Running apparel startup Janji helps fund clean water initiatives in Africa, Peru, India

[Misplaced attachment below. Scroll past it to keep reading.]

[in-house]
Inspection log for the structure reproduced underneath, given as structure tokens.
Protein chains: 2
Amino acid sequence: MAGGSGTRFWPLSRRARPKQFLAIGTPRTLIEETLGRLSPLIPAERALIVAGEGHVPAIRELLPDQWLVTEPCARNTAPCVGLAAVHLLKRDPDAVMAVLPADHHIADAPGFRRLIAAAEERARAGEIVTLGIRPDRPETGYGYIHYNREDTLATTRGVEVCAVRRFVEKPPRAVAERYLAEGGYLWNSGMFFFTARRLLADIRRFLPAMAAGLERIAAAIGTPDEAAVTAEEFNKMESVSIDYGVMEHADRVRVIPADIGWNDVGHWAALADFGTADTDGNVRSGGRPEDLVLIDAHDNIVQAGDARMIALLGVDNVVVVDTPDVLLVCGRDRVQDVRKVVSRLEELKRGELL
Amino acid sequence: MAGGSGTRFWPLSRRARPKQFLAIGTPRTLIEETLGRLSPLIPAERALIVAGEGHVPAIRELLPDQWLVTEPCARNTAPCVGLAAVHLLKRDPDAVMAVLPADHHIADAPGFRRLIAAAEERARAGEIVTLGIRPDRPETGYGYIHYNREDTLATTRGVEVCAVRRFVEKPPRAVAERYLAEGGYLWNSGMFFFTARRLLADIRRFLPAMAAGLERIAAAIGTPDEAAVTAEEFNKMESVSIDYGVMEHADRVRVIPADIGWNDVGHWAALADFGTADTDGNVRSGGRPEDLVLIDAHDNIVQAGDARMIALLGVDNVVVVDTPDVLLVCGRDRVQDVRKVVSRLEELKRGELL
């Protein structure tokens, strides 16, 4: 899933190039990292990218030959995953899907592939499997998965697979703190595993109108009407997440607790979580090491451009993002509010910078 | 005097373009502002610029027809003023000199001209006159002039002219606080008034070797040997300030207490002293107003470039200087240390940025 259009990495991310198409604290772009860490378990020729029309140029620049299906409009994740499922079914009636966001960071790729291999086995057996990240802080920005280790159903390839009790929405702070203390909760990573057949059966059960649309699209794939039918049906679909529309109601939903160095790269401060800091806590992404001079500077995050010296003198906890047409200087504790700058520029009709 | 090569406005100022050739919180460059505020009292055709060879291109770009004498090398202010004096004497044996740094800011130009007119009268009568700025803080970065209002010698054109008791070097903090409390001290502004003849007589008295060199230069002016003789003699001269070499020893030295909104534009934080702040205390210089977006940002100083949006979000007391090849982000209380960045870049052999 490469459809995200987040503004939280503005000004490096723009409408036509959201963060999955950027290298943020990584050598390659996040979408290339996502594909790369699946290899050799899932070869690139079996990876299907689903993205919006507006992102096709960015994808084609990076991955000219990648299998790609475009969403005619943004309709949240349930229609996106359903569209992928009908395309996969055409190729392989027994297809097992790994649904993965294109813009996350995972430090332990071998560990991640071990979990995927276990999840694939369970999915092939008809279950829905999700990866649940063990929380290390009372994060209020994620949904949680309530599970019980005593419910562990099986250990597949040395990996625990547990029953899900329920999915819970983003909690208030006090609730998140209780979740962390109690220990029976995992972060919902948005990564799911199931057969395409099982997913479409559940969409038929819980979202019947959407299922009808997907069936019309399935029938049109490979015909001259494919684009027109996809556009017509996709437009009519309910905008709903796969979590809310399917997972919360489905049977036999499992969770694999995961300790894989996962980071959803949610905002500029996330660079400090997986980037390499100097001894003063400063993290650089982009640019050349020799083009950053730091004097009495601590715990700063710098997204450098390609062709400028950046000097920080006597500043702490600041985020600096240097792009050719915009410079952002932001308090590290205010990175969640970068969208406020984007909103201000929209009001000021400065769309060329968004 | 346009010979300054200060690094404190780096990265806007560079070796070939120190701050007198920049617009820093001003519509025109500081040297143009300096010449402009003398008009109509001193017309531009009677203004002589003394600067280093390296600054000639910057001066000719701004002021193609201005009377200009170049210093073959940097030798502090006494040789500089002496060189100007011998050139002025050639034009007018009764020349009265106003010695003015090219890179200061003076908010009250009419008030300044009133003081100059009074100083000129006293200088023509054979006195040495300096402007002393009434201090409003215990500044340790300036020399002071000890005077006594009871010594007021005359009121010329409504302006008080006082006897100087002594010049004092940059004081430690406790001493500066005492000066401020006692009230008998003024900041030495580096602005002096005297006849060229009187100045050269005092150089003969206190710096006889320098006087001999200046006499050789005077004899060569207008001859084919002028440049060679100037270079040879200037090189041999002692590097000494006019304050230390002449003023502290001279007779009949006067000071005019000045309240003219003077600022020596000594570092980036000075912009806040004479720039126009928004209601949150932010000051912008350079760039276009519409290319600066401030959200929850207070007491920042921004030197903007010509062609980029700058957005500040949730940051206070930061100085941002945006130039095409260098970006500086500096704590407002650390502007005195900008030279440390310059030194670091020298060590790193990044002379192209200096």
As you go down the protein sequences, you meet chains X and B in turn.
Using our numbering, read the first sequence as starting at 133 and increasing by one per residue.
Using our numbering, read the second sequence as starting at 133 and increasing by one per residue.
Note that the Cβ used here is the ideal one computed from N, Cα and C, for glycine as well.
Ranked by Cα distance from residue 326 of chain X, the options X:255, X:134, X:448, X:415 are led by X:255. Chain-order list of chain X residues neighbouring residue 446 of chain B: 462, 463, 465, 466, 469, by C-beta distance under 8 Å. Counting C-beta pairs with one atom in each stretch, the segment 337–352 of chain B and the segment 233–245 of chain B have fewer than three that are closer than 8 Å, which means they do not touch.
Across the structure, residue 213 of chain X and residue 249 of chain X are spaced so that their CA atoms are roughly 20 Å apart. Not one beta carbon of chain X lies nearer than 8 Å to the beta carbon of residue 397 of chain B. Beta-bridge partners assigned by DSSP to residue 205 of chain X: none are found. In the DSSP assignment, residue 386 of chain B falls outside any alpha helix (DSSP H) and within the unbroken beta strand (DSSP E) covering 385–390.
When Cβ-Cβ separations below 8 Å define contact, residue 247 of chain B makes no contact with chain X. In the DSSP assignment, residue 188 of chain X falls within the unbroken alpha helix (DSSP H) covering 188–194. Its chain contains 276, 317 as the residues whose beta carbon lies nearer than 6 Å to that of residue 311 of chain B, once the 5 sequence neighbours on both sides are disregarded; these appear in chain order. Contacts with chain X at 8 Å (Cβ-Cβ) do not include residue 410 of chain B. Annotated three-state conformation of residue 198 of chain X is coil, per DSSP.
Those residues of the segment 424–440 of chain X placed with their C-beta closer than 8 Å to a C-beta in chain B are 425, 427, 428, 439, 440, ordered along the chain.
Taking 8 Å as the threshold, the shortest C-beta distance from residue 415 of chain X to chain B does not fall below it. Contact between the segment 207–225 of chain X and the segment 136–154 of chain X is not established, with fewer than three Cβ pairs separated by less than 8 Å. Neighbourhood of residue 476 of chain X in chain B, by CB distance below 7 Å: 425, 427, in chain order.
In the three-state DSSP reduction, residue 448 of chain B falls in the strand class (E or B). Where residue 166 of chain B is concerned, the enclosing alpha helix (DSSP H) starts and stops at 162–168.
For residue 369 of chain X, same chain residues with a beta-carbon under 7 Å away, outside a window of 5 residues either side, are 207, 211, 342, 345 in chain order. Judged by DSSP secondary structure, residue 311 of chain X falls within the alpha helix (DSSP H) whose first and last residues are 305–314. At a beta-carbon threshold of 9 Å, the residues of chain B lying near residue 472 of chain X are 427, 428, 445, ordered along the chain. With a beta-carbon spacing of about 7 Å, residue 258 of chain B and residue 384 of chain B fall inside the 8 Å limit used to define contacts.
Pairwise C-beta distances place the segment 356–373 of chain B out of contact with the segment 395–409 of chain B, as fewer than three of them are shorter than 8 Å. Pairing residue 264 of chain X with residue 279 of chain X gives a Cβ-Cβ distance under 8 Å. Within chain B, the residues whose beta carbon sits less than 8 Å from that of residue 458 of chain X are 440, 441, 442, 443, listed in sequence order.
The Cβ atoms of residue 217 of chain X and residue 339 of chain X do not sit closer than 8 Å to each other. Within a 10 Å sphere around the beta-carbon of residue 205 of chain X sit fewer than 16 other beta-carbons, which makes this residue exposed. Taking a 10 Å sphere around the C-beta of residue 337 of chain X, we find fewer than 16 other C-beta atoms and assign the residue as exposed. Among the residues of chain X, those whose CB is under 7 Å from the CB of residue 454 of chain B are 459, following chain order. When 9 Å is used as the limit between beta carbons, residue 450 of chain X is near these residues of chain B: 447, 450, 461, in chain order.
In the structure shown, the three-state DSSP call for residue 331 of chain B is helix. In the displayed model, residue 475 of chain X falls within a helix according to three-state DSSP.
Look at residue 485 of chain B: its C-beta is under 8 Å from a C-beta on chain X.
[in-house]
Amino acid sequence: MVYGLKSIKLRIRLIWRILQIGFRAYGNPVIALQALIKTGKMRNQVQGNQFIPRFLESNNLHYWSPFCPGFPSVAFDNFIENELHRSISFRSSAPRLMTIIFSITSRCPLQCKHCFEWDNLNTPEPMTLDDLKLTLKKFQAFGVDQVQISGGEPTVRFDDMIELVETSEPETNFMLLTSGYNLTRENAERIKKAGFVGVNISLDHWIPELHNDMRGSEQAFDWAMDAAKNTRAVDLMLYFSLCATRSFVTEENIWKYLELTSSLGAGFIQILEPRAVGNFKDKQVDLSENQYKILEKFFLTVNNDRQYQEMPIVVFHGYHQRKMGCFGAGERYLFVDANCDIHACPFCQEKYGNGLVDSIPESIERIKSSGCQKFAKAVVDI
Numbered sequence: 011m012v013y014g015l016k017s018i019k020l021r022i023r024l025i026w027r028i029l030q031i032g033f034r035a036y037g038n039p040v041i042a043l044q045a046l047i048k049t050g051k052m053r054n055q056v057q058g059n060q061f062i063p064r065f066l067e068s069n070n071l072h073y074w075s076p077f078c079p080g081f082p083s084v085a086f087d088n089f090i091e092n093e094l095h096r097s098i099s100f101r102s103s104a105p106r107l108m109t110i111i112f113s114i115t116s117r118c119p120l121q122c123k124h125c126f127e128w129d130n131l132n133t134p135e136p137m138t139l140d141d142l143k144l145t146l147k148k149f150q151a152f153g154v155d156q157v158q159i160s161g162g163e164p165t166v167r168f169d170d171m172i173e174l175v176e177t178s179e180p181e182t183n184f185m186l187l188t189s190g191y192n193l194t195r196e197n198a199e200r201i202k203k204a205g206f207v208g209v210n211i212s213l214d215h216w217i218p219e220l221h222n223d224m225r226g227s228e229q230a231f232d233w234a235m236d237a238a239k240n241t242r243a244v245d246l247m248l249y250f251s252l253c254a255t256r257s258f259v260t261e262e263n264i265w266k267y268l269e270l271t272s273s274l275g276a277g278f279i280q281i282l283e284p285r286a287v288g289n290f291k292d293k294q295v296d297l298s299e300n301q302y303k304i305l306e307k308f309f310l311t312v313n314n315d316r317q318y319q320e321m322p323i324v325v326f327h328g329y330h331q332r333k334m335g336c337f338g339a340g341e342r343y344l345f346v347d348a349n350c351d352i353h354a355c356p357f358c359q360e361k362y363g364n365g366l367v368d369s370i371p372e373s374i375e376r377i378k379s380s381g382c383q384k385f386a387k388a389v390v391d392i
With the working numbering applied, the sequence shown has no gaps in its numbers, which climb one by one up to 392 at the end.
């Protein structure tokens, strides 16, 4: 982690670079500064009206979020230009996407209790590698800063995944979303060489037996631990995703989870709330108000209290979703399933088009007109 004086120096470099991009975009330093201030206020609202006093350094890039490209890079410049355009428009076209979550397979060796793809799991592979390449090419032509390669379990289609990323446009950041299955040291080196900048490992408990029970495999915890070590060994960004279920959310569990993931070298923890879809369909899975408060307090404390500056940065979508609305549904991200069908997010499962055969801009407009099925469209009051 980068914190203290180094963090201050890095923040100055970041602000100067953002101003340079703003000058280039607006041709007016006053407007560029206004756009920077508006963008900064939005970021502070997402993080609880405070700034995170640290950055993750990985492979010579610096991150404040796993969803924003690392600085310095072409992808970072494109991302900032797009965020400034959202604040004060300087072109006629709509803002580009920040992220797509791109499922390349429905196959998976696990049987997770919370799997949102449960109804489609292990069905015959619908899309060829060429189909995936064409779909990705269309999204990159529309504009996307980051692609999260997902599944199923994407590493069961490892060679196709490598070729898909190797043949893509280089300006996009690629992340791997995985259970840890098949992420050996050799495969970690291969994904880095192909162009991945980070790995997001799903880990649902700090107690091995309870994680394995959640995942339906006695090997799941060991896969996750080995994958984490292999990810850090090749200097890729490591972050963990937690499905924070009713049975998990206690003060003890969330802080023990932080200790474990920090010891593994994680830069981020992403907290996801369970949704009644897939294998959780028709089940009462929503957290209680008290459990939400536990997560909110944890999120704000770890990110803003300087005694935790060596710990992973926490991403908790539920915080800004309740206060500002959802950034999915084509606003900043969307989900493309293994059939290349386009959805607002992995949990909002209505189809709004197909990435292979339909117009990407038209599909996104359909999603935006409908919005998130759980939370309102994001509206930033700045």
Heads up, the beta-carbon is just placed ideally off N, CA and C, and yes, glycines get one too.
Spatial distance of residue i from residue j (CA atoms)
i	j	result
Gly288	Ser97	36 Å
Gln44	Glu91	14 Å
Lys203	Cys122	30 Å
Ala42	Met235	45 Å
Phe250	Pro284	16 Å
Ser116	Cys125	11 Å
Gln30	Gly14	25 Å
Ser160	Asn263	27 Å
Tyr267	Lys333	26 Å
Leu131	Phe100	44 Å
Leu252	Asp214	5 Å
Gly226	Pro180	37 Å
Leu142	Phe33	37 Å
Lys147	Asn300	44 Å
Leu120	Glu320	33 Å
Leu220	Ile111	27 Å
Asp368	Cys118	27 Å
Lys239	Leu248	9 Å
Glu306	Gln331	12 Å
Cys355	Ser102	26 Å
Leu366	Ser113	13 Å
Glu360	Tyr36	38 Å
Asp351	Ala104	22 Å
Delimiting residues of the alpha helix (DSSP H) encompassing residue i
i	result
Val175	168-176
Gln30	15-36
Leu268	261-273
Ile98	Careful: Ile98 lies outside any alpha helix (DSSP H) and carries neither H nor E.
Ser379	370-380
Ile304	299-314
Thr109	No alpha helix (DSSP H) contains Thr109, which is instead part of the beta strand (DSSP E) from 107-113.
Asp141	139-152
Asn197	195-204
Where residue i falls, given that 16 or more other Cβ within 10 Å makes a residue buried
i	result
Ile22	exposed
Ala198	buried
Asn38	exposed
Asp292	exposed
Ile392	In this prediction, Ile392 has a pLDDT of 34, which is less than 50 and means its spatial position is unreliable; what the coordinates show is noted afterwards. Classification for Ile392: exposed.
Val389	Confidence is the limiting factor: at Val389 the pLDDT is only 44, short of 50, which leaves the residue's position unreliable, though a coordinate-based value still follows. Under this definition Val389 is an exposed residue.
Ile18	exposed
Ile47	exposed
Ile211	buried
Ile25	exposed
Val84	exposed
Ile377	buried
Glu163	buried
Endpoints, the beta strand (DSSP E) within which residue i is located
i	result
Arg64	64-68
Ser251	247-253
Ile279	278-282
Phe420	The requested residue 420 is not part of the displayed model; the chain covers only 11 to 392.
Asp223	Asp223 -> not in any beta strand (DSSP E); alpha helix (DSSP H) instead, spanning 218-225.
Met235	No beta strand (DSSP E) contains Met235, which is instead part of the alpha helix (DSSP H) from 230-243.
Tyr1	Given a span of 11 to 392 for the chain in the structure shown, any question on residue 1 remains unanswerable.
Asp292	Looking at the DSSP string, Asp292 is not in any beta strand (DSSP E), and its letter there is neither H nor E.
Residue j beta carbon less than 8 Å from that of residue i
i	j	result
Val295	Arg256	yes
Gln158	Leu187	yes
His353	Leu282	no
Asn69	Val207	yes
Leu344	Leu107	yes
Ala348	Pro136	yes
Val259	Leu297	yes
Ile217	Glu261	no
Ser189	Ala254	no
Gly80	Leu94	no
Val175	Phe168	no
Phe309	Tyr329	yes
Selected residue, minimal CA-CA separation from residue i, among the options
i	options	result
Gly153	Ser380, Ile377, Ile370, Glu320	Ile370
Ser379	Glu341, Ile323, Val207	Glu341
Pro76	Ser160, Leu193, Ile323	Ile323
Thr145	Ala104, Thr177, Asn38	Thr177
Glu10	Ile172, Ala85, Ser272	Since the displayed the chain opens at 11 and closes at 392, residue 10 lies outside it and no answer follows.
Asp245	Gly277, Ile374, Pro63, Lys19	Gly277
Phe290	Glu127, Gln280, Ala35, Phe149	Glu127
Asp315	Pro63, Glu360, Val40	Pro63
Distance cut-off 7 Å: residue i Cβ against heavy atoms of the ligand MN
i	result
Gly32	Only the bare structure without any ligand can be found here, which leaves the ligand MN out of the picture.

Brookline-based Janji is a running apparel startup with a lofty mission that goes beyond profit: to help people in underdeveloped countries get access to clean water through the sale of its clothing. To date, the startup has raised $50,000 since its founding in 2010 for global clean water initiatives in Africa, Peru and Bangladesh, with India on the horizon next spring, and is continuing to launch new e-commerce projects to help solve the crisis. Janji's latest social project aims to raise $500 to help a water sanitization project in rural Uganda in partnership with Washington, D.C.-based Evidence Action. As part of the project, an original Janji shirt design is available exclusively from Oct. 27 to Nov. 2. If 50 shirts are pre-ordered, about a quarter of the proceeds will help sanitize drinking water for about 300 Ugandan residents through Evidence Action. "This is a trial run and our goal is to try to help our customers in the running community feel closer and more connected to these projects we're working on," said Mike Burnstein, co-founder of Janji. The project, which Burnstein hopes will be the first of many, can also act as a "lab" to test different designs, Burnstein said. The project is currently about halfway funded. Janji sells its apparel through its website and in about 100 running stores around the country including City Sports. The company has raised $450,000 to date from undisclosed owners of top running stores in the country and angel investors since its founding in 2010, Burnstein said. Each of the products' designs are inspired by the different countries Janji hopes to make a tangible social impact in. The company is based in Brookline and employs four full time. runjanji.com/

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